DENVER — You're Jerry Glanville and you've already predicted you're going to the Super Bowl after your playoff debut, but now it's another game and what do you do for an encore?
How about going without a huddle on your second play and then throwing a lateral 15 yards across the field, back into your own end zone?
What objections could anyone raise?
You're not serious?
Isn't it risky?
Don't they fire coaches who mess up trying things like that, often before halftime?
You don't know Jerry Glanville. The Houston Oiler coach tried it, Mike Rozier dropped the ball, the Denver Broncos recovered at the Houston one, scored two plays later and rolled to a 34-10 rout of the Oilers Sunday in the American Conference semifinals.
The Broncos will face the Cleveland Browns in a rematch of last season's AFC final. The Oilers will go home, where Glanville will face his nemeses in the Houston press in another rematch, having contributed a footnote to the lore of modern competition: worst decision since Napoleon invaded Russia, or since Gary Hart re-entered the race, depending on your view of history.
"I was a little shocked," Denver linebacker Jim Ryan said. " . . . To me, it's a call--man, so many things can go wrong.
"What happened could happen. If that pass isn't complete, it isn't an incomplete pass (since quarterback Warren Moon threw the ball backward, it was a lateral, and if dropped, a fumble.)"
Glanville has blown up after games under far less pressure, so how was he going to handle this one?
Stonily, it turned out.
"The play was designed to get us off our own goal line," he said, "move it 15-20 yards, shorten the field. We didn't think we could drive 95 yards.
"He was going to run the ball. We would have had a big play. We had four people against two. Unfortunately, we didn't catch the ball."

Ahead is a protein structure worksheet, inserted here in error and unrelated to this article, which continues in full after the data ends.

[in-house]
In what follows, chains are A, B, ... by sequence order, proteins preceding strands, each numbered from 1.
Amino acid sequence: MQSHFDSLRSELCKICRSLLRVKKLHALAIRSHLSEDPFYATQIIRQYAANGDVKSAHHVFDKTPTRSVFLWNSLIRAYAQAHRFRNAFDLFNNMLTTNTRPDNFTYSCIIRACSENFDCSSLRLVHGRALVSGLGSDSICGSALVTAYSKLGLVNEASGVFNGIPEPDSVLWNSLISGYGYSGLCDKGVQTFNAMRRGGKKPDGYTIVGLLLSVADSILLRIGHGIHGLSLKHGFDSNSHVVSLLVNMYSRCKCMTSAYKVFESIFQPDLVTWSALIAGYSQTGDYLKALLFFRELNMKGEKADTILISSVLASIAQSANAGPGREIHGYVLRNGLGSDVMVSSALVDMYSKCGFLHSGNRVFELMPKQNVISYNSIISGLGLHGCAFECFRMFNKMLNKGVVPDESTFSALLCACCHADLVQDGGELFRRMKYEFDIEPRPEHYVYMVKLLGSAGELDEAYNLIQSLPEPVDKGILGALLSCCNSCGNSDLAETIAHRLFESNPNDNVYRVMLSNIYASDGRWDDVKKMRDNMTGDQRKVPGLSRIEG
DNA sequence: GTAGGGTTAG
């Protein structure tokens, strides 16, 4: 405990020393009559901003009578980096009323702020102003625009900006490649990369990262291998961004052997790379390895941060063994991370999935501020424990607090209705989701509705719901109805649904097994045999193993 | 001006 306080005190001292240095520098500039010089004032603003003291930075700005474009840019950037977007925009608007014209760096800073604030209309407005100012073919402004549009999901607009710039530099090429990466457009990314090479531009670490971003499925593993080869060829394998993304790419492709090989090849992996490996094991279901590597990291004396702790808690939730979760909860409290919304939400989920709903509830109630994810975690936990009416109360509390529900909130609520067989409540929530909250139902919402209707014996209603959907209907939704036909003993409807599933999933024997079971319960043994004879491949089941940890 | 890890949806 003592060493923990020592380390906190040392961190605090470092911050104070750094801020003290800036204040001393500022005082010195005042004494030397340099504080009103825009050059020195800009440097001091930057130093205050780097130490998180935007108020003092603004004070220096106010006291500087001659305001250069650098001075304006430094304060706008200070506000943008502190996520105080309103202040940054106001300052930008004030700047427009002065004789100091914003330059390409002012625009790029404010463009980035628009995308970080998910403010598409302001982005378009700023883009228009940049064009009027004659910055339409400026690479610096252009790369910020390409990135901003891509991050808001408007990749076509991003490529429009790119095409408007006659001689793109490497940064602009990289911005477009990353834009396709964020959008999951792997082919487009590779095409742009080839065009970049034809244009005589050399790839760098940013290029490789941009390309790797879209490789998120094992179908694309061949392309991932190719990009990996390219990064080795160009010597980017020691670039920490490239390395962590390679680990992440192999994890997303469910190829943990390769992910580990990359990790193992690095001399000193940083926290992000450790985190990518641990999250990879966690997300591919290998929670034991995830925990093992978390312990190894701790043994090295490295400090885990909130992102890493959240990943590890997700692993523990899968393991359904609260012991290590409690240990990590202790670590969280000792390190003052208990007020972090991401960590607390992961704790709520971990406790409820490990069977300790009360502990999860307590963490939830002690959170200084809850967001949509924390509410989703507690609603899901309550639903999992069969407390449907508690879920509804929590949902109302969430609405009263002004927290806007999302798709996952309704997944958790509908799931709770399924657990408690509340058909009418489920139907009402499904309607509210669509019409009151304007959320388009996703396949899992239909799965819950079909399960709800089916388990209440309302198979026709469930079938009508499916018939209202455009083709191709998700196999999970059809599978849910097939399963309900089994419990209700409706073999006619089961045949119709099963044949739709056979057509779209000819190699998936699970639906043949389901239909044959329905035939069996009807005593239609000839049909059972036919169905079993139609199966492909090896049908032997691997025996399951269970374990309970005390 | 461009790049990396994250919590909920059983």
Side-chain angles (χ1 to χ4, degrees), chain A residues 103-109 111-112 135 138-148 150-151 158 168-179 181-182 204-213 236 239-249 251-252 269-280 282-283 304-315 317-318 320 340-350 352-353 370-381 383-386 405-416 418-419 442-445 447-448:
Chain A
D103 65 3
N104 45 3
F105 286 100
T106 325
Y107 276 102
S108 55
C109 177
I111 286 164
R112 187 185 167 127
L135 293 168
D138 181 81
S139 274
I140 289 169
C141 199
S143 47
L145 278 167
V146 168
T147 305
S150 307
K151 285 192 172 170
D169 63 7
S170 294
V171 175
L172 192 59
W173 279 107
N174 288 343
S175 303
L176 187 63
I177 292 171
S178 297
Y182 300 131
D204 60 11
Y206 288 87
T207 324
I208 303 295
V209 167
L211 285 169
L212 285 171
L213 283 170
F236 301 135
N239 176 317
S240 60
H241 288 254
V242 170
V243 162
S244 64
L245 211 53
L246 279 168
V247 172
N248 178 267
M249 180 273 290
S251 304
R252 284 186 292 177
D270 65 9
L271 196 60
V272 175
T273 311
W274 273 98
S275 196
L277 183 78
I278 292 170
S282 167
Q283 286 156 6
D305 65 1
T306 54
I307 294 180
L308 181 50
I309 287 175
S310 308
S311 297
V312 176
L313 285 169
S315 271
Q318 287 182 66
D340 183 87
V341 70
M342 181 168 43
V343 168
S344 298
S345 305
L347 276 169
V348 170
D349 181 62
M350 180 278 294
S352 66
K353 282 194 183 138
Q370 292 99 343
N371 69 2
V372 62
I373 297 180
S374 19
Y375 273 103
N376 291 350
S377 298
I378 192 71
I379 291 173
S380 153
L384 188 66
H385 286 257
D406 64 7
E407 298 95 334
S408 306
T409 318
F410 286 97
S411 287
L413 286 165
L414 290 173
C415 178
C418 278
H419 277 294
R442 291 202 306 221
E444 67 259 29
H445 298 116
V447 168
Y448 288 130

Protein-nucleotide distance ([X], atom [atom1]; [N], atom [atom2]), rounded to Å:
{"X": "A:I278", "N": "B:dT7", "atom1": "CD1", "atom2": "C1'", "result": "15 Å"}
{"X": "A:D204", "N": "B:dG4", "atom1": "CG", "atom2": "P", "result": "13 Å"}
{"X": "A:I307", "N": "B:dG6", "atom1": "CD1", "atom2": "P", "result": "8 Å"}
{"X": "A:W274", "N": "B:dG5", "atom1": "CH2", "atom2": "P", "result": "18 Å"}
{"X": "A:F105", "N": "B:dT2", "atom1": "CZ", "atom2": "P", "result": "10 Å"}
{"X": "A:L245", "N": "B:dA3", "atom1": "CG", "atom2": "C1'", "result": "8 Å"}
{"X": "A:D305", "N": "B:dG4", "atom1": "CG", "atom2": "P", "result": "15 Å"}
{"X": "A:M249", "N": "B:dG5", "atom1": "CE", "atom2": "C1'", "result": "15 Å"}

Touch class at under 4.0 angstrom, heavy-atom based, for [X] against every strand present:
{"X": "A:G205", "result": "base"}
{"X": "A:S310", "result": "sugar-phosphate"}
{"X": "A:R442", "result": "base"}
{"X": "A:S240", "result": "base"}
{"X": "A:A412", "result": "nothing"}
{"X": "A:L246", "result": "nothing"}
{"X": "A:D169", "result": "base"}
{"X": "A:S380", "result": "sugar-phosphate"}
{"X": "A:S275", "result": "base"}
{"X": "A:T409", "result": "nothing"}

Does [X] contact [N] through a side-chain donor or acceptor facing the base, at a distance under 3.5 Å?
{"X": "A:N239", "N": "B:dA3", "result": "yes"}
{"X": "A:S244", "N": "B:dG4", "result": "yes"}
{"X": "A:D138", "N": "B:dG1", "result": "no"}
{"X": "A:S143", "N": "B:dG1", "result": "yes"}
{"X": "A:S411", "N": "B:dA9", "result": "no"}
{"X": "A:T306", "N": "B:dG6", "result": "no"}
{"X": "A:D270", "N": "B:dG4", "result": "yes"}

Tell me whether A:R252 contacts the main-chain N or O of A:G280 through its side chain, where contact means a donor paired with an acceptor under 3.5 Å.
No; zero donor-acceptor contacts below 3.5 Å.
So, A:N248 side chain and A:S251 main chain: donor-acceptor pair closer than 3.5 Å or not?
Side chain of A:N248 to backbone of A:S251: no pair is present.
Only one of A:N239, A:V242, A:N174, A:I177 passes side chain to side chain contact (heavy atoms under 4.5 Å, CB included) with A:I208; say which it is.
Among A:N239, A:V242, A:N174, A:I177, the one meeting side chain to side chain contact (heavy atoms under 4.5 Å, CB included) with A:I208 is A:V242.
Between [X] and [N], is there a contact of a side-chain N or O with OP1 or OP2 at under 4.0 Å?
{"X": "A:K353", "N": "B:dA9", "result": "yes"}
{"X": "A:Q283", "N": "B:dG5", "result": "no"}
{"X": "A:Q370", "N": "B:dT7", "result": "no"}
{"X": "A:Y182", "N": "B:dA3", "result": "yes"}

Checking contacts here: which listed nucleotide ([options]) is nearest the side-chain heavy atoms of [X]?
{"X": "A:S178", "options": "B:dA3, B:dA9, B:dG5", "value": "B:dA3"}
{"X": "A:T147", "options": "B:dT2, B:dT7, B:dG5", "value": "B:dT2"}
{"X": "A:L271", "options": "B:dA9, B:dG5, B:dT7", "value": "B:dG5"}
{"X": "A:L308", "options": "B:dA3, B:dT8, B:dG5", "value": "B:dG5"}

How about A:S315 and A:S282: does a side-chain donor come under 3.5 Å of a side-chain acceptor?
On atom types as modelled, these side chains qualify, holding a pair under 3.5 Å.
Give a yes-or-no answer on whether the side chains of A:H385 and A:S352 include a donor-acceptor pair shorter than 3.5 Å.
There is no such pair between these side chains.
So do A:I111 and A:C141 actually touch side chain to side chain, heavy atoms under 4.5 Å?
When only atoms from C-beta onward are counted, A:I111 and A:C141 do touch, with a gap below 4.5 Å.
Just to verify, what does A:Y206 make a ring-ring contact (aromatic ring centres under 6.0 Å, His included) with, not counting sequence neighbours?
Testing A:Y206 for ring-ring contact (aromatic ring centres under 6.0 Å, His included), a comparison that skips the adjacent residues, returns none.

Didn't he consider it risky?
"Not at the time, no. Every time we've run that play before, it's worked. . . . We ran that same play at Pittsburgh when we couldn't get a first down and it got us going."
Of course, on the other side were these factors:
The Time--Do you try this on your second play from scrimmage, when you have the young team with one game's playoff experience, playing on the road against seasoned veterans, and it's your squad which may need a few minutes to settle down?
The Place--At your own goal line? The Oilers had run the play before but never from there. Also, they were in the closed end of Mile High Stadium, where the din was deafening.
The Surprise Factor--It was lessened by the fact that the Broncos knew about the formation--"Stagger Lee," the Oilers call it--and had practiced against it. Bronco defensive coordinator Joe Collier said he had been tipped by another coach. Four head coaches have accused the Oilers of being a dirty team, so Glanville has no shortage of peers who'd have been happy to pick up the phone. Maybe they had a race to see who could call first.
The Personnel--It was Glanville who had the huge, physical team, with the line that averaged 280 pounds and included three No. 1 picks, and the million-dollar backs, Rozier and Alonzo Highsmith. Their best chance in this game was to simply overpower a less-than-vintage Orange Crush defense that had allowed 4.4 yards per rush.
So why not start right there and then?
"We were concerned about that, very much so," Ryan said. "It was a team that scared you. We wanted to make sure they didn't control the ball on us, run it down our throats."
Maybe what Glanville lacked, in fact, was some faith in what he had.
At any rate, it happened this way:
The Broncos took the opening kick, marched to midfield, stalled and punted. Mike Horan knocked a 43-yarder out at the Houston five.
Highsmith tried the right side and Karl Mecklenburg hit him behind the line for a loss of one yard.
Glanville then unleashed Stagger Lee, the dagger into his own team's heart, it turned out. Without huddling, the Oilers lined up in a spread formation, with Rozier split 15 yards to the left, behind tackles Dean Steinkuhler and Bruce Davis and tight end Jamie Williams.
Two Broncos lined up opposite them.
Moon whipped the ball to Rozier. It hit him in the hands. Actually, right between the hands. It hopped off his chest. It rolled off a lineman's leg and Bronco cornerback Steve Wilson fell on it.
Two plays later, Gene Lang scored on a trap up the middle. The Broncos led, 7-0.
Behind, perhaps anxious, certainly error-prone, the Oilers never got to play to their strength and control the ball. They ran it 26 times all day, for a 2.8 average.
The game quickly turned into a controlled scrimmage, a John Elway \o7 tour de force\f7 .
Elway threw a 27-yard touchdown pass to tight end Clarence Kay behind All-Pro safety Keith Bostic. He threw a pass that traveled 57 yards in the air to Vance Johnson in the second quarter. Then he threw another touchdown pass to Kay while rolling right, like a third baseman picking up a bunt and sidearming the ball to first base.